This is the fifth and final post from my recap of Jim Collins’ 2001 book, Good to Great. The focus is on Disciplined Action. It is the last of the three major concepts, joining Disciplined People and Disciplined Thought.
The major image that the book uses for Disciplined Action is the flywheel. For those who aren’t familiar with the concept, it’s a rotating wheel, typically very heavy. Once it has started rotating, its great mass keeps it rotating smoothly. Old-fashioned grinding wheels are an application of the flywheel.
Picture a giant stone wheel, perhaps a dozen feet in diameter. The author creates the idea of people working together putting effort into starting this massive wheel rotating. It can take considerable effort to rotate it a few inches. But, the next bit of effort may rotate it a dozen inches. Then a quarter-turn. Once it is spinning, relatively little effort is required to keep it moving or even speeding up. Most of the effort comes at the beginning.
The obvious analogy is that it takes discipline to keep up the effort at the beginning of a business strategy, knowing that the wheel is barely moving. However, the effort is rewarded if you keep it up. If you are falsely discouraged and give up, the wheel stops and you have to start over again. Organizations that jump from strategy to strategy spend all of their effort starting that flywheel moving, time after time.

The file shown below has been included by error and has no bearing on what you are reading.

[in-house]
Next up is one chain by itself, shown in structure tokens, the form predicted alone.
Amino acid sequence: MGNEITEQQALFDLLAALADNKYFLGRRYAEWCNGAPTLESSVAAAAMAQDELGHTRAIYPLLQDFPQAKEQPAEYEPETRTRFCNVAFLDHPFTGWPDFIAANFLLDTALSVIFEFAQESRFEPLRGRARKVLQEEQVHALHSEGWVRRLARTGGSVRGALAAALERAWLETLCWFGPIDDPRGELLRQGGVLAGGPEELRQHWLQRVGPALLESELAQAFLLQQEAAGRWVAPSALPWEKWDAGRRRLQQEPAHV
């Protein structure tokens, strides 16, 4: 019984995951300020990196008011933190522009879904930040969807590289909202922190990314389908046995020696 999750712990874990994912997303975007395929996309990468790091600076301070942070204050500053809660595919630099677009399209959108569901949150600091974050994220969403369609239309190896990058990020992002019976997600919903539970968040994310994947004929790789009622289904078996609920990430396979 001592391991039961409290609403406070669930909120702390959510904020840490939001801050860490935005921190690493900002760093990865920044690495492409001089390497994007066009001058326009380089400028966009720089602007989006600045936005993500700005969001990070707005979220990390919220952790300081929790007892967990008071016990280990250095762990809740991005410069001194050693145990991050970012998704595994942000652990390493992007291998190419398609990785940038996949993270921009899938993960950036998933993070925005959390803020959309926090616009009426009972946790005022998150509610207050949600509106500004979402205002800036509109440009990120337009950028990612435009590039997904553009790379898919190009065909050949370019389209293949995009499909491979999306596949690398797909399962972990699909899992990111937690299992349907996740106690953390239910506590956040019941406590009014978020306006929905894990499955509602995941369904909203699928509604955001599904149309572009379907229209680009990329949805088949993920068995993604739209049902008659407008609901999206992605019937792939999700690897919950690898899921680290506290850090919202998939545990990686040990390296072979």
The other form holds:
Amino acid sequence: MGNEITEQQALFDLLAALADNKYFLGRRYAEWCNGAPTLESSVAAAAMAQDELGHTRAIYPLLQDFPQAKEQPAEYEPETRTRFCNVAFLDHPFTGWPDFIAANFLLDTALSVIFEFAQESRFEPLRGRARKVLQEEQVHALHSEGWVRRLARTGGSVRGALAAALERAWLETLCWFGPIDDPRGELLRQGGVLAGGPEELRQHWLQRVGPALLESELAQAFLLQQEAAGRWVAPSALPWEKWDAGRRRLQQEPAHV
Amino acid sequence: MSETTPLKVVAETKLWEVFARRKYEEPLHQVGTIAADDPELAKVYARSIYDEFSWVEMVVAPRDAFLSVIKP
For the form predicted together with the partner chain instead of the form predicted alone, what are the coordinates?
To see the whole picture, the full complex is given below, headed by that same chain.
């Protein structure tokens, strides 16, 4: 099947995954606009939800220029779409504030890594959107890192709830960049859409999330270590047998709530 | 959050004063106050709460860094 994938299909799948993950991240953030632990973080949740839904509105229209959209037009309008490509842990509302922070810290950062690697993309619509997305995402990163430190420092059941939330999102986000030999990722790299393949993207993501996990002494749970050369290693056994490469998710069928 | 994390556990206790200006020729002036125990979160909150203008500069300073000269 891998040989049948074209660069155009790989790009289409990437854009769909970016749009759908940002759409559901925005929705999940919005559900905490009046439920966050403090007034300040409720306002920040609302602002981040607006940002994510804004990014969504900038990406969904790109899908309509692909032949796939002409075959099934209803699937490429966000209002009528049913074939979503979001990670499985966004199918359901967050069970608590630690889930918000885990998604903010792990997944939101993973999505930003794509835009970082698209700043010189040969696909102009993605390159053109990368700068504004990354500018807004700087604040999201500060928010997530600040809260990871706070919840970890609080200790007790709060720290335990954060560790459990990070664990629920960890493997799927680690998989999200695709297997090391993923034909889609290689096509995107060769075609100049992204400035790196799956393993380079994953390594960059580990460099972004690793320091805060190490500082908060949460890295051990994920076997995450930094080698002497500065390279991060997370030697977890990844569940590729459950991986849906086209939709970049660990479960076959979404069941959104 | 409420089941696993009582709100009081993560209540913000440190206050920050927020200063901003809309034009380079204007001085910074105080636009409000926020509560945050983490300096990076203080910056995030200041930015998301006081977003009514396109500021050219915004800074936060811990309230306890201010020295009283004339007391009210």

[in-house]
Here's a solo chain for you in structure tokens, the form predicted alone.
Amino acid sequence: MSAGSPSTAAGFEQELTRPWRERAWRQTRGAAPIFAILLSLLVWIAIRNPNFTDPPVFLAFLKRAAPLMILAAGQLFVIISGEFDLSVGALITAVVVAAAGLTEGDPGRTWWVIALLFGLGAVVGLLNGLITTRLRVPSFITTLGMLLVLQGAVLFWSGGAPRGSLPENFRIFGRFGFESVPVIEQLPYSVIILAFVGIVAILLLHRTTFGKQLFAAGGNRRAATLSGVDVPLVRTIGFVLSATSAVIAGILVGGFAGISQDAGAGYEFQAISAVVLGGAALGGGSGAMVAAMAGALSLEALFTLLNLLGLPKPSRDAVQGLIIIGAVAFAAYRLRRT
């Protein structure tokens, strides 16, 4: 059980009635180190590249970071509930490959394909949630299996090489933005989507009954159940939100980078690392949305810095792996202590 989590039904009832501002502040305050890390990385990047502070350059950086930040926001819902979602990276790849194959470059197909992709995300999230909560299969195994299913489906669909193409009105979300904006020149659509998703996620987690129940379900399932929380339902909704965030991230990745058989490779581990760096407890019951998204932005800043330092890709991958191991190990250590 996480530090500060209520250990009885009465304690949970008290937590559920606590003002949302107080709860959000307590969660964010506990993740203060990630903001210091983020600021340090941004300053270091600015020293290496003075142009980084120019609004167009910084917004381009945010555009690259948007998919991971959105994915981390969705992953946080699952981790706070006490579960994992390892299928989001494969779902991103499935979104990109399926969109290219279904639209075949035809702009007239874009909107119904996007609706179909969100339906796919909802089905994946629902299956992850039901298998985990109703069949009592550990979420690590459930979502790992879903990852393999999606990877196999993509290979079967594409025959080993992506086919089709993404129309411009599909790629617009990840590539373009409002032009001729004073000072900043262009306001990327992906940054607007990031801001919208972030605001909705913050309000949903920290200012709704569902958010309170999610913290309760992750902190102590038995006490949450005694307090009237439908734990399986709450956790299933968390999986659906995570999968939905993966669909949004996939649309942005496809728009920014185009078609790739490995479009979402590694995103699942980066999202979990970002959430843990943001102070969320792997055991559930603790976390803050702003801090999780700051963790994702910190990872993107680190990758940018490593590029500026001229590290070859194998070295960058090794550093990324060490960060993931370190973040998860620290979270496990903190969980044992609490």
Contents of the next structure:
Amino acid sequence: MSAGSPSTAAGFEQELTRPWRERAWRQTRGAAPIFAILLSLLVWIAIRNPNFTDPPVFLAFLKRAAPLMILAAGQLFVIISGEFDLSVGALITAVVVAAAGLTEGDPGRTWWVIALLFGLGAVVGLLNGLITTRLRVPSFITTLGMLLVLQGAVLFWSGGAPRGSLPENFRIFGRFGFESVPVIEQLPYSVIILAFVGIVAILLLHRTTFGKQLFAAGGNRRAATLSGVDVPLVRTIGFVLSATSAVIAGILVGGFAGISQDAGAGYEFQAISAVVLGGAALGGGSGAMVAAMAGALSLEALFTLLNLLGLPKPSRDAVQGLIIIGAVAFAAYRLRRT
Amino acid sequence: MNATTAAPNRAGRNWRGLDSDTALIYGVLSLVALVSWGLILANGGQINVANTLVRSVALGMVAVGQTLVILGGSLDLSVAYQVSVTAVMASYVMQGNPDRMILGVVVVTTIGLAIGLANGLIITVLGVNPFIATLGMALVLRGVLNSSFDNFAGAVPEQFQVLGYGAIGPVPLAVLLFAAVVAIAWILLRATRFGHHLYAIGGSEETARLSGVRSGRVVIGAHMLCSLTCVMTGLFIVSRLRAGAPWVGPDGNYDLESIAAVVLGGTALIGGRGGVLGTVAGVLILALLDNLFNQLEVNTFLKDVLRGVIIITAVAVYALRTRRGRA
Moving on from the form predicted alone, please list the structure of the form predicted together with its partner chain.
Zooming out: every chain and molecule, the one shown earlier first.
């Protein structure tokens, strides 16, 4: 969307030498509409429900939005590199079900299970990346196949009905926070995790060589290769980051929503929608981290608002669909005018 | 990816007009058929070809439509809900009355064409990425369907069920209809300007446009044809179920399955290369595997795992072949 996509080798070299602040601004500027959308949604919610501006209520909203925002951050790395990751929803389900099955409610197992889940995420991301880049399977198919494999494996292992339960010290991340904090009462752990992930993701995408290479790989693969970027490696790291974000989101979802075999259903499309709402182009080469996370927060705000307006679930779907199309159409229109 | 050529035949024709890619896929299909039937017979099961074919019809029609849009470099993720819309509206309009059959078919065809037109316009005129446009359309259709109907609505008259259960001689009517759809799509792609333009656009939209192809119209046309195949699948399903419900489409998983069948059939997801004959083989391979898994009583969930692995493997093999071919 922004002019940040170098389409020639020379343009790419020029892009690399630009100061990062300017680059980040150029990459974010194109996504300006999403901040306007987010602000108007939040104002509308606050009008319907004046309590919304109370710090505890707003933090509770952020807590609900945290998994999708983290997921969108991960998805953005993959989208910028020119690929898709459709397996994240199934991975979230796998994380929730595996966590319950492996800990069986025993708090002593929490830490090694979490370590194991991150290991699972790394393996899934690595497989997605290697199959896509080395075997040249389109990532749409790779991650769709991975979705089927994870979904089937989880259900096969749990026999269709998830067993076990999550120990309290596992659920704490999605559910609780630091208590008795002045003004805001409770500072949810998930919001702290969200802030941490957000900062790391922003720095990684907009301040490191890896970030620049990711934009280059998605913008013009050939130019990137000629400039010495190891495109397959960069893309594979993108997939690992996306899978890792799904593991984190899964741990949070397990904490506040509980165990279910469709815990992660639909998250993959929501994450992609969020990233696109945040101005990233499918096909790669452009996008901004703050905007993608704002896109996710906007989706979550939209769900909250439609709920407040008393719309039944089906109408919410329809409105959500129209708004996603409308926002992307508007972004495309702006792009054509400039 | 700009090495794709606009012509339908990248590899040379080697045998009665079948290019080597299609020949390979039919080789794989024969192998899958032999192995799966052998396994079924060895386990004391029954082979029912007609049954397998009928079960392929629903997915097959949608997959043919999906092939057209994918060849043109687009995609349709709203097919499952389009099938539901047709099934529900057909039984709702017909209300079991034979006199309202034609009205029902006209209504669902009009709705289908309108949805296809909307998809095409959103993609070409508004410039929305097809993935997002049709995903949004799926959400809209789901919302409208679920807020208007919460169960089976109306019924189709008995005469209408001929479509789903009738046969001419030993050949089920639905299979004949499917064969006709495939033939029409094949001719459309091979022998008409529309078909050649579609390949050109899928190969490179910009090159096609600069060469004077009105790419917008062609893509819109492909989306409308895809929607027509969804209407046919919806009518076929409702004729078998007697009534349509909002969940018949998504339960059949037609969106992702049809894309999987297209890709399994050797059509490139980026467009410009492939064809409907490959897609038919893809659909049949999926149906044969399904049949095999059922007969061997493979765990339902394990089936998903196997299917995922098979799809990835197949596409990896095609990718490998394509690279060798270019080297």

The other realization that they drew from their interviews is that the great companies could never point to their “breakthrough” where they became great companies. They always indicated that they just got to work and eventually the success was there. As with the flywheel, there was never a point where the flywheel suddenly started moving on its own. The first inch of movement after a lot of effort doesn’t seem like a breakthrough. Nor does the next 6 inches. Eventually, you simply realize that it’s moving on its own.
The last major idea in the book relates to technology. The book points out that technology is an accelerator to a hedgehog concept … but it can never be the hedgehog concept (see my earlier post describing the hedgehog concept). If technology were the central concept it could be easily leap-frogged by others. Technology should continually reinforce an unchanging hedgehog concept. This means that technology can always be viewed as simply another supporting tool that can be easily swapped out as better tools become available to support the hedgehog concept. The technology is not, itself, the focus.
Thanks for reading these 5 posts recapping Good to Great. I hope you have found them useful. You can benefit from this very easy-to-read book and the simplicity of their ideas.Others have criticized it for its perceived over-simplicity and the fact that a few of its “great” companies have fallen on hard times. Such criticism misses the point entirely. This book delivers ideas to help you become a great company. It’s up to you, once greatness is achieved, to keep these lessons fresh and remain a great company.